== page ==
HANOVER, NH - An international clinical trial directed by Dr. Diane Harper of Norris Cotton Cancer Center at Dartmouth-Hitchcock Medical Center (DHMC) and Dartmouth Medical School has shown extremely promising results for a vaccine against the most common causes of cervical cancer.
Writing in the lead article of this week's issue of The Lancet, Harper and co authors said the vaccine has the potential to greatly reduce deaths from cervical cancer, one of the leading causes of cancer mortality among women worldwide. The vaccine is targeted to immunize against two different types of high risk human papillomavirus (HPV-16 and HPV-18) that cause an estimated 70 percent of cervical cancer cases.
HPV is a commonly occurring infection, transmitted by skin to skin contact, most often through normal sexual interactions. Although most cases of HPV resolve themselves through natural immunity, a percentage of cases will progress to cervical cancer. Currently, an estimated 280,000 women die from cervical cancer each year, most of them in the developing world. Of the 500,000 cases of cervical cancer diagnosed annually, 70 percent are attributed to infection from HPV-16 and 18. The five-year prevalence of cervical cancer worldwide - in other words, the number of women in any five year period of time with cervical cancer - is 1.4 million.
In the blinded, randomized trial of 1,113 women from throughout the U.S., Canada, and Brazil, participants received three doses of the experimental vaccine or a placebo over six months. At 27 months of follow-up, the vaccine showed an extremely high rate of efficacy, the authors wrote. In those women who completed the protocol - receiving all three shots and participating in all scheduled testing and follow-up - the vaccine was 100 percent effective against persistent HPV16/18 infections.
Significantly, the efficacy was only slightly reduced for those women who did not fully comply with the protocol - receiving only one or two of the three shots or not completing all scheduled follow-up appointments. In that group, the vaccine proved 95 percent effective against persistent HPV infection and 93 percent against cytologic abnormalities associated with HPV 16/18, and complete protection from cervical tissue changes due to HPV16/18.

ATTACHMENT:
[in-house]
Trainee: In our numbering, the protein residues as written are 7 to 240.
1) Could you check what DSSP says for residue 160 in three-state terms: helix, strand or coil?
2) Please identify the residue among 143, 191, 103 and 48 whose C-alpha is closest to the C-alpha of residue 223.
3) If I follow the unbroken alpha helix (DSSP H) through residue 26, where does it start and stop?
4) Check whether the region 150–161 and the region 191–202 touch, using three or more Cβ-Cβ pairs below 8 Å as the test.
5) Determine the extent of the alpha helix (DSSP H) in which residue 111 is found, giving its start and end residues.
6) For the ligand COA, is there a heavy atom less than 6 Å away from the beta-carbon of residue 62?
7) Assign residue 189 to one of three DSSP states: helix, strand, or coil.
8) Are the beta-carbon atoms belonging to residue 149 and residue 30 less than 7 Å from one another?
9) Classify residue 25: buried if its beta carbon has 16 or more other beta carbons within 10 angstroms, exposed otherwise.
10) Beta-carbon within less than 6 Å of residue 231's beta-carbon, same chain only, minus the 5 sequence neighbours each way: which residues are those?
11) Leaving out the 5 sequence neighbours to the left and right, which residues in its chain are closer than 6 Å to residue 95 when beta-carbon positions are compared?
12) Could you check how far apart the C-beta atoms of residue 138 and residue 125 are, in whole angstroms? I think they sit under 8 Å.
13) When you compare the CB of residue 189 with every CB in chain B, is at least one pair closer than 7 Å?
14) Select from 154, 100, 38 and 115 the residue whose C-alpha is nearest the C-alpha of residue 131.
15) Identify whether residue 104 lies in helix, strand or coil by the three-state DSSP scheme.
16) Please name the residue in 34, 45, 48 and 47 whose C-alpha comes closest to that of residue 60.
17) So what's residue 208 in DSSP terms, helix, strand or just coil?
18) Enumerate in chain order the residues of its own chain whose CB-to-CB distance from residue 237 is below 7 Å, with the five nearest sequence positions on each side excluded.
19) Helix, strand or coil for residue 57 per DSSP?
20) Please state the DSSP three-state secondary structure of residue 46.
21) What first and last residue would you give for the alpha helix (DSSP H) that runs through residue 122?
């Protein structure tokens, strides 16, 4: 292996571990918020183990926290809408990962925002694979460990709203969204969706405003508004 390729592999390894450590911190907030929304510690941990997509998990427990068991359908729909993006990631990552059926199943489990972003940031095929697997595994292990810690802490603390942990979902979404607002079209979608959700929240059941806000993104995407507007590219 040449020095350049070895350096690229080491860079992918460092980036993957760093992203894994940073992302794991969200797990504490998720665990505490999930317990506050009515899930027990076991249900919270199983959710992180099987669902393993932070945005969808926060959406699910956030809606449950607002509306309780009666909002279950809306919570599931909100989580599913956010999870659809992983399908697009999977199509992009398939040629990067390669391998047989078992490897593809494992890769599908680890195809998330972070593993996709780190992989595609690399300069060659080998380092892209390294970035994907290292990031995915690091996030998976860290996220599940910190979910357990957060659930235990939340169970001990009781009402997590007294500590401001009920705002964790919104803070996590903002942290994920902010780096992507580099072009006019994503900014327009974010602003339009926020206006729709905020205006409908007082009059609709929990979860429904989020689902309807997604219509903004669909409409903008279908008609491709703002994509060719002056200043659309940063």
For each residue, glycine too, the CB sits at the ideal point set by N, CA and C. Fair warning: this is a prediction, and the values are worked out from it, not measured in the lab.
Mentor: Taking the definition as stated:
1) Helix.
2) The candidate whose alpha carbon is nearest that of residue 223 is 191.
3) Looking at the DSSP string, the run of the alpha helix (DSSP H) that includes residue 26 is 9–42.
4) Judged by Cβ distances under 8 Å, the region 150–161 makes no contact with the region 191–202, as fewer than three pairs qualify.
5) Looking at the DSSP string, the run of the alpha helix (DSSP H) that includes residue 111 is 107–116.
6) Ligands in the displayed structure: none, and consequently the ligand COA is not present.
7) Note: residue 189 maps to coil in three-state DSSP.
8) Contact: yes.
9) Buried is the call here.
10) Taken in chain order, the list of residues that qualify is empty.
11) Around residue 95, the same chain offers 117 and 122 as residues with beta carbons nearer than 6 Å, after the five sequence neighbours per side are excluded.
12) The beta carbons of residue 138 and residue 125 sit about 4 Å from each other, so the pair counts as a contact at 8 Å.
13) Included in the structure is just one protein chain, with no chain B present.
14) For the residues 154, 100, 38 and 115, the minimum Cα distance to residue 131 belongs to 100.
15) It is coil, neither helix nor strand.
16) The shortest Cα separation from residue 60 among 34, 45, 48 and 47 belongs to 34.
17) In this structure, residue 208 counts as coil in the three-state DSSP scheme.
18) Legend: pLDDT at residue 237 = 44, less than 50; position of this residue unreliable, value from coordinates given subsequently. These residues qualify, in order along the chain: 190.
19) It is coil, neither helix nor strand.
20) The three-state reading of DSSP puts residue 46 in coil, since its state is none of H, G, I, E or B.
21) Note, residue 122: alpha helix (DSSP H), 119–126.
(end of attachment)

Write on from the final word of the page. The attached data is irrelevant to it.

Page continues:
Harper, a physician who actively treats women in the Obstetrics and Gynecology section at DHMC, as well as a researcher, is internationally recognized for her pioneering work on HPV. She called the results of the study "extremely exciting and encouraging. We believe this shows enormous potential to eradicate the great majority of cervical cancers worldwide."
Harper noted that while other vaccines against HPV are currently being tested, this trial is notable because it is the first to target two viruses with one vaccine. "Our trial results showed a high degree of safety, with no adverse effects to the participants, and highly significant and complete protection against persistent infection. This has enormous implications for women worldwide, and for our health system, which annually spends billions of dollars on cervical screening programs."
Recruitment for a larger, Phase III trial of the vaccine - the last step prior to licensing the drug for general use - is now underway at Norris Cotton Cancer Center (NCCC) and other sites, Harper said. "We hope these results will encourage women to sign up for this trial." She noted that Norris Cotton Cancer Center is the only northeast site other than Philadelphia participating in the large-scale trial, so women from throughout New England who meet the criteria and are interested are advised to enroll at NCCC. For more information on the trial, email vaccine@Dartmouth.edu or call Lisa Matthews at 603-653-3692.
The vaccine discussed in The Lancet article and in the larger trial now underway is being developed and would ultimately be licensed by GlaxoSmithKline. Dr. Harper is an independent researcher who acted as primary investigator and is neither paid nor employed by GSK.
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